To satisfy a tribunal that a comparator should be treated as being "in the same employment", a claimant would ordinarily need show that their comparator, if employed at their establishment, would be subject to the same or broadly similar employment terms that the claimant was employed under.
In North and Others v Dumfries and Galloway Council (Scotland)  UKSC 45, the Supreme Court considered the correct approach to equal pay claims brought under the Equal Pay Act 1970 , s.1(6) (now Equality Act 2010, s.79) where the Claimants and their comparators were employed in different establishments.
The Supreme Court determined that the starting hypothesis was that comparators were transferred to do their present jobs in a different location. The question was whether in that event, however unlikely, the comparators would remain employed on the same or broadly similar terms and conditions to those applicable in their current place of work.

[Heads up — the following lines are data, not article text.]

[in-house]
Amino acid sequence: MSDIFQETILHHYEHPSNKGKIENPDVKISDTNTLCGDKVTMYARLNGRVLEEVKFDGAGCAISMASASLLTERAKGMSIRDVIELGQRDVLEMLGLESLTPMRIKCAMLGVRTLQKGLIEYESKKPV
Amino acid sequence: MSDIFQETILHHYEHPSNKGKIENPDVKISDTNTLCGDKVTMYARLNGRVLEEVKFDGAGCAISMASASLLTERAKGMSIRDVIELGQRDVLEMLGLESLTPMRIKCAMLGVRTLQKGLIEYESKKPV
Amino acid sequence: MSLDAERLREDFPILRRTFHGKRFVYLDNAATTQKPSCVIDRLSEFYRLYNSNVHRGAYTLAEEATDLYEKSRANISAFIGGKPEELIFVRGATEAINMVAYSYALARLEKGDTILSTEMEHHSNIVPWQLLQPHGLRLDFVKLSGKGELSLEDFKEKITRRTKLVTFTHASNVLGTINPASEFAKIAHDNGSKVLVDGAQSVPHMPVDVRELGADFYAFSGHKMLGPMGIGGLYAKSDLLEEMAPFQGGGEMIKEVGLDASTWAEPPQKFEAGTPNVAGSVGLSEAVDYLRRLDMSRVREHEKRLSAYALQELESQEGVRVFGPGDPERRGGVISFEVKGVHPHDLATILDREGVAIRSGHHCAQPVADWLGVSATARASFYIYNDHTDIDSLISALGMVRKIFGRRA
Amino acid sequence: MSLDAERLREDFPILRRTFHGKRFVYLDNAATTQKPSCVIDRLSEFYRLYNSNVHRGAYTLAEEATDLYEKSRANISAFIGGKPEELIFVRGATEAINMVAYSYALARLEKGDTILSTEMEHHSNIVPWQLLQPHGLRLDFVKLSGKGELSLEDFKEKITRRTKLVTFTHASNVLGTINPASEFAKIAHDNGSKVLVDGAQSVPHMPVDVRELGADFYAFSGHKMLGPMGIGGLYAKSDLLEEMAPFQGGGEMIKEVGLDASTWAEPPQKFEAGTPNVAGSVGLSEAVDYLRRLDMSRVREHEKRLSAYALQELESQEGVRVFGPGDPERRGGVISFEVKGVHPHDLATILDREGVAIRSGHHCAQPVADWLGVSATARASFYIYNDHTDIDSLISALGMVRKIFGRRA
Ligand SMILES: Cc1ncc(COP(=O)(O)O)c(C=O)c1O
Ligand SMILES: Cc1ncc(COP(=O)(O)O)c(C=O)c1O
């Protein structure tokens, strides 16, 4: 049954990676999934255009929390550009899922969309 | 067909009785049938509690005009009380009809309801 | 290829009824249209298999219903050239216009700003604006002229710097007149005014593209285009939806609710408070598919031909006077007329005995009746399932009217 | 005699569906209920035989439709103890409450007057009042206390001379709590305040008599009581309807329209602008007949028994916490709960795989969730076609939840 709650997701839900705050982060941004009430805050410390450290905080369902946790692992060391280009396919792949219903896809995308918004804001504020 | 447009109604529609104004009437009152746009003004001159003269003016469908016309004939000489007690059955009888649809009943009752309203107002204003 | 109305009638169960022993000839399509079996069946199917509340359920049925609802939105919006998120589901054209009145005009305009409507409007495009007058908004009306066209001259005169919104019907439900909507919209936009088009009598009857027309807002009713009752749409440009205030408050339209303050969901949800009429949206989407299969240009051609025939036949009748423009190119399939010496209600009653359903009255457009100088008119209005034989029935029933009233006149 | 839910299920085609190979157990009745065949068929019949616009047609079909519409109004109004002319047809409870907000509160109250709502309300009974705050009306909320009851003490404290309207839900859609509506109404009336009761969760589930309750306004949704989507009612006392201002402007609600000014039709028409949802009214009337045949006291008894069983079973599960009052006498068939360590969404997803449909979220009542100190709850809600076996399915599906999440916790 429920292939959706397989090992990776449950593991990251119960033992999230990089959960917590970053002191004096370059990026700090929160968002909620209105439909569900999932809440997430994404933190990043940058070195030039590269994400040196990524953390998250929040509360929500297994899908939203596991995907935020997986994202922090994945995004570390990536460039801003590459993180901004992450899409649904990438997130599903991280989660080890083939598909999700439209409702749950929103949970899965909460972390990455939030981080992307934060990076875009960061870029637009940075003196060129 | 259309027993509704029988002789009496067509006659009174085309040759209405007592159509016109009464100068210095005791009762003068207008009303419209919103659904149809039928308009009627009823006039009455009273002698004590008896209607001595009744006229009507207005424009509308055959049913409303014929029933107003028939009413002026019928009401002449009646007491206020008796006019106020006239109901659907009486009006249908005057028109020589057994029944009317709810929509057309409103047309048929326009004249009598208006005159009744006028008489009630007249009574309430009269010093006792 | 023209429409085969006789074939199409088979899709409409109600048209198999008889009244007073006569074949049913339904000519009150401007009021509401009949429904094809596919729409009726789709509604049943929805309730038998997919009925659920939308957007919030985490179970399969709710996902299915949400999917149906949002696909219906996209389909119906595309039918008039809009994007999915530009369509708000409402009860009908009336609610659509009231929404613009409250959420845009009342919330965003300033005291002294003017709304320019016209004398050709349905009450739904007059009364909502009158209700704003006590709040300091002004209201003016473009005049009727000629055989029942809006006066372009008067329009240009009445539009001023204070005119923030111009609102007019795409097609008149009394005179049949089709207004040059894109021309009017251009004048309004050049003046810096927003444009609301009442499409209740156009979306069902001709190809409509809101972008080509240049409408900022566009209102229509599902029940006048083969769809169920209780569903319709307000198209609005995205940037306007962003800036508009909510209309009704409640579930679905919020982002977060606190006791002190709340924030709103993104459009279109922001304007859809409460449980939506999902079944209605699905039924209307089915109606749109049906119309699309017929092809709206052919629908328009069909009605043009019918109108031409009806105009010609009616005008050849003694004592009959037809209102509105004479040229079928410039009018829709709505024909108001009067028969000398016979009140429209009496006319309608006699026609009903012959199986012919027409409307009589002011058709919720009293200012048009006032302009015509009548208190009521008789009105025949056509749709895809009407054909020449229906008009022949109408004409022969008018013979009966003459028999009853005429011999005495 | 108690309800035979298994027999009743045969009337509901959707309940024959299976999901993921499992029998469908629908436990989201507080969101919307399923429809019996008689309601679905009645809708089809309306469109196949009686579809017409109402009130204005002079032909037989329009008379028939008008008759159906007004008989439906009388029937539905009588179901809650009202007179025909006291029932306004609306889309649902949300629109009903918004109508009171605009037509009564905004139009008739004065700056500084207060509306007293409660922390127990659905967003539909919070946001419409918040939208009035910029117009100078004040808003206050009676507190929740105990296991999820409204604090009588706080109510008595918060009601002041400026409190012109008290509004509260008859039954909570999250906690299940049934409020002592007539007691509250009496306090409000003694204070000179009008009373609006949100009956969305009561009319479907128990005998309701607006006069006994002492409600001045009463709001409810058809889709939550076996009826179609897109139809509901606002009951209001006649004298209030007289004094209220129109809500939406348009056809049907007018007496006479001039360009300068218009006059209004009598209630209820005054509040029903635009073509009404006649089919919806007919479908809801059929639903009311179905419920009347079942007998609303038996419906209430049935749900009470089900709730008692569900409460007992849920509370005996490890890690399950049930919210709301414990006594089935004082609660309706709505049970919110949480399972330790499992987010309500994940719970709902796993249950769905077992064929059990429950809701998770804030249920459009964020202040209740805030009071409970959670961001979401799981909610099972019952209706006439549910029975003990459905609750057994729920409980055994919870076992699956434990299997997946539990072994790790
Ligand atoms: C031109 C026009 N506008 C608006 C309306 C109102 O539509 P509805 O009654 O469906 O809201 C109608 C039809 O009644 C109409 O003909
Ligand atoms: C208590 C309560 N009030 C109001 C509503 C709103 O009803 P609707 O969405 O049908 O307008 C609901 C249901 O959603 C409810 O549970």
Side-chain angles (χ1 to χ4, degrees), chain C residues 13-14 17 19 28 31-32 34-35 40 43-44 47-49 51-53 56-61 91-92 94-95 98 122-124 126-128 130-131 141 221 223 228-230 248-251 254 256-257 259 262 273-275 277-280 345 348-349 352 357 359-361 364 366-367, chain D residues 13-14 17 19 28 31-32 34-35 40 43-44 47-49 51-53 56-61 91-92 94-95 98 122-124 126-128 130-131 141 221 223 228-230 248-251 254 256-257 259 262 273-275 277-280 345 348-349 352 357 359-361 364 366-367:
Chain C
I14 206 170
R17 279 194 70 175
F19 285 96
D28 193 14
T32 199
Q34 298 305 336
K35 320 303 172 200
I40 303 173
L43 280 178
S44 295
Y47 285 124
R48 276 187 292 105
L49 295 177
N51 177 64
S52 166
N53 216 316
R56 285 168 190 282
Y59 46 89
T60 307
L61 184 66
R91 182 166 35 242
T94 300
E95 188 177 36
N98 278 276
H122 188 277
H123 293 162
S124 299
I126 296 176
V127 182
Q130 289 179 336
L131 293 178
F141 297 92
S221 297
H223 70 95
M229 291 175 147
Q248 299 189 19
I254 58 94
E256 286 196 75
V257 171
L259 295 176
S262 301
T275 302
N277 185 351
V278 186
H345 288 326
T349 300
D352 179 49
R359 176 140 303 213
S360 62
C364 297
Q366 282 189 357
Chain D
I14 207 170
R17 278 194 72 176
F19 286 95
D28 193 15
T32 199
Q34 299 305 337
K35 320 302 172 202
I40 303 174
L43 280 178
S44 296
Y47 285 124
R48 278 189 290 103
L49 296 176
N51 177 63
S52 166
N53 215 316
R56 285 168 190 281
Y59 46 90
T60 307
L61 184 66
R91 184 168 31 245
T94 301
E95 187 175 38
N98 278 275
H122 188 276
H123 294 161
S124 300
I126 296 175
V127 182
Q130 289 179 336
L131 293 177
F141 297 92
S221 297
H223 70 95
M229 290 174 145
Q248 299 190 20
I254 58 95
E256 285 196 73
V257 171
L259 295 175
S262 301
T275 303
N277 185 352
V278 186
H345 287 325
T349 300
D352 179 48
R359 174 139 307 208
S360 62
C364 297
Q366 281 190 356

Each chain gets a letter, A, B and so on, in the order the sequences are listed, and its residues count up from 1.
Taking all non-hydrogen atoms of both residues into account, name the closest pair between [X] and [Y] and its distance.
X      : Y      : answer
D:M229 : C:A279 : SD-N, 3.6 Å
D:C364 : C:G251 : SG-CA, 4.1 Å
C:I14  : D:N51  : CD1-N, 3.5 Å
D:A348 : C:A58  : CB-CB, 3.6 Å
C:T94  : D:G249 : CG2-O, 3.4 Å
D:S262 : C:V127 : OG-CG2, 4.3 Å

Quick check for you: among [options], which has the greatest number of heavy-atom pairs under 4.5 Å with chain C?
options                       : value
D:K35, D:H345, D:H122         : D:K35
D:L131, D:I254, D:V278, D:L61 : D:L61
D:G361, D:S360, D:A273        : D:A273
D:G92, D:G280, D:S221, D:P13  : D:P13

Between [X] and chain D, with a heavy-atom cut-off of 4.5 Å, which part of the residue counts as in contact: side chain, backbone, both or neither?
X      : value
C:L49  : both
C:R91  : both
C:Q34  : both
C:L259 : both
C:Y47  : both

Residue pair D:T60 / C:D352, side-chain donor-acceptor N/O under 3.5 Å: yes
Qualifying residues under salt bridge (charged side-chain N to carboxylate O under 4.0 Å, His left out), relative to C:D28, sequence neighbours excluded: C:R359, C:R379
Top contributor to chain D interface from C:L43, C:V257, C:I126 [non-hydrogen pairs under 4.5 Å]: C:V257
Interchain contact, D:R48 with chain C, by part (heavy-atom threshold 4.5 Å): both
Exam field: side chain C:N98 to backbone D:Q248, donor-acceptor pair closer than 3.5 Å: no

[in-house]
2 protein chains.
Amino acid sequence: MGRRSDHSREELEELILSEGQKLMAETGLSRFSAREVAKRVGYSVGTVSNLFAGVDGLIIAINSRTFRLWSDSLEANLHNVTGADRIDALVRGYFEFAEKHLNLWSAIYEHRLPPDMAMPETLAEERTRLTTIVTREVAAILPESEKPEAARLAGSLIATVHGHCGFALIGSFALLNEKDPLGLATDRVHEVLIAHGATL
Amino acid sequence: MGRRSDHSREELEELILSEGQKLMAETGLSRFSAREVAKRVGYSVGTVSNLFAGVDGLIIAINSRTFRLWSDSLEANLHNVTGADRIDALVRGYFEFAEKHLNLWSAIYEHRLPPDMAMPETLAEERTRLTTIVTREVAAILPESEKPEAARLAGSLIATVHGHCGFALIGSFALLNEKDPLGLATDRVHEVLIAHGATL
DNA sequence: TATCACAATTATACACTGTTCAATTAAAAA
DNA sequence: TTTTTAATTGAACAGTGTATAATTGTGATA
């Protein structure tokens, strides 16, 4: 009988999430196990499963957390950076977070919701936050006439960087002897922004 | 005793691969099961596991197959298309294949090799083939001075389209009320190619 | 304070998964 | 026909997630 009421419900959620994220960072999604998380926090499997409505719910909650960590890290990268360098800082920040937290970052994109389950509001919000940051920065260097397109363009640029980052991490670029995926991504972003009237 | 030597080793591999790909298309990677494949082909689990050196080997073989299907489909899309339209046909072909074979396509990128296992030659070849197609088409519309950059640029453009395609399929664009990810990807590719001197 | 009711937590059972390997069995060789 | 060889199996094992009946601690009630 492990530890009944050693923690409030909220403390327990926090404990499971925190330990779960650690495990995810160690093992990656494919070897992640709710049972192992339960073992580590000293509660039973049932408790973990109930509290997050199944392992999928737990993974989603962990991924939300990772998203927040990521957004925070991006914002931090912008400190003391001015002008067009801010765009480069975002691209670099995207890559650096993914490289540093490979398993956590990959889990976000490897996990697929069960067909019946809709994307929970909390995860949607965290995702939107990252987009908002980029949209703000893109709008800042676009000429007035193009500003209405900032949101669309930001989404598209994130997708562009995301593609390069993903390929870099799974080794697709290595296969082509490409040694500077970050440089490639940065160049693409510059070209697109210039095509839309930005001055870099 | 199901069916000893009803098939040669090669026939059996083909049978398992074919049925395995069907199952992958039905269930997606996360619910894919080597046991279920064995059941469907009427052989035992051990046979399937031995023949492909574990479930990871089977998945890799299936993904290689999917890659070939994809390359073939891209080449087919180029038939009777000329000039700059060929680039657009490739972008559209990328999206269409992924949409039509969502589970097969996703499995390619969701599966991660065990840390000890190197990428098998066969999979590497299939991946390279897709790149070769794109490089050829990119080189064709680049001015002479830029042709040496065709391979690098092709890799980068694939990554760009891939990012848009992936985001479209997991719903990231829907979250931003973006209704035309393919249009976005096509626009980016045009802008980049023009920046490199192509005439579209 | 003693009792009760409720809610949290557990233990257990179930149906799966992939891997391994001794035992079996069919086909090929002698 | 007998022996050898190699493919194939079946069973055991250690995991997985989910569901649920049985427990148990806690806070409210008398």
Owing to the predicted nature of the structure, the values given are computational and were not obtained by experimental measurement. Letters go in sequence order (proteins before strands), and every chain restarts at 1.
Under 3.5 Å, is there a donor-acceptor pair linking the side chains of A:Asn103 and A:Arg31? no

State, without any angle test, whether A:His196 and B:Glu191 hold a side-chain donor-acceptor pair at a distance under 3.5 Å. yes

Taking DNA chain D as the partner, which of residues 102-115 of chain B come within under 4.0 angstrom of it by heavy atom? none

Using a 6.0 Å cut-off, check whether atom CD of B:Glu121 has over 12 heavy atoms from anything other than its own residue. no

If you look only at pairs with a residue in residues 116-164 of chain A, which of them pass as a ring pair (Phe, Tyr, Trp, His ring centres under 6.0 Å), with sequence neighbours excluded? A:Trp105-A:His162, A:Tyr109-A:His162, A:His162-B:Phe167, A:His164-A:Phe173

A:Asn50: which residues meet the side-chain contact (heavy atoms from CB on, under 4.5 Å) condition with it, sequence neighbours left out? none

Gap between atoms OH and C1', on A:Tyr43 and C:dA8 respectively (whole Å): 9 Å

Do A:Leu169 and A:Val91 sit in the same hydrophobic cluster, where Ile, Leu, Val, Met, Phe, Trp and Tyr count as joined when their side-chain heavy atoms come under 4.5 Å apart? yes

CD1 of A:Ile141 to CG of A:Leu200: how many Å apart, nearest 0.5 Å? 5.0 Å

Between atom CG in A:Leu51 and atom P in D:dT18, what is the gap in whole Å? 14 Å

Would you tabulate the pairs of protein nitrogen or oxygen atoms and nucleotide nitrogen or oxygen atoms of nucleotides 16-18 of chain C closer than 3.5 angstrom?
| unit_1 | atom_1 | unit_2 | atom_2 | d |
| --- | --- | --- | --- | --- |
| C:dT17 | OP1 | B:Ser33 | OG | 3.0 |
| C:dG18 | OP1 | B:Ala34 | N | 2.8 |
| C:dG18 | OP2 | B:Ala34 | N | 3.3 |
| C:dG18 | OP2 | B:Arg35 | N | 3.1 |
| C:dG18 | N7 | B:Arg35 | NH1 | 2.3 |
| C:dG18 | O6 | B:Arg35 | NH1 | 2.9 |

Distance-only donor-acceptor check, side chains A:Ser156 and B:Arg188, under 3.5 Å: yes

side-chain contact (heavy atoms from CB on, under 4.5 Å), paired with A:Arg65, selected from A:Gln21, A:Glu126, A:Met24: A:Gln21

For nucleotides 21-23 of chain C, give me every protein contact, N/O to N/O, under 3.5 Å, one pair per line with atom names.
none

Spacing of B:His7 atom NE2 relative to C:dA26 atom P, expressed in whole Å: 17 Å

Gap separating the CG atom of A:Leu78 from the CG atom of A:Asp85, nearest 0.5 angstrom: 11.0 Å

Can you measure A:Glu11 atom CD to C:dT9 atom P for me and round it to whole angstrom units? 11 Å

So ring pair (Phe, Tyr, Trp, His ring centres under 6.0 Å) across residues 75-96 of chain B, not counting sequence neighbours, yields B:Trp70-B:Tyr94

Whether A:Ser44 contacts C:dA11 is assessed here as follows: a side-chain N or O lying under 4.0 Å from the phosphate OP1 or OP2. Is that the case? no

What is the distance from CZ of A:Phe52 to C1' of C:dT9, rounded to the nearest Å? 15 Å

An aim of the legislation was to allow comparisons to be made between workers who did not and never would work in the same workplace. A further aim was to secure equality of treatment, not only for the same work, but also for work rated as equivalent or assessed by the experts to be of equal value.
It was not the function of the "same employment" test to establish comparability between the jobs done. That was dealt with by EPA 1970, s.1(2). The function of the test was to establish the terms and condition with which the comparison was to be made. Its object was simply to weed out those cases in which geography played a significant part in determining what those terms and conditions were. Such a construction of EPA 1970, s.1(6) was more consistent with the requirements of EU law.
Elizabeth Dwomoh / 1st Aug 2013
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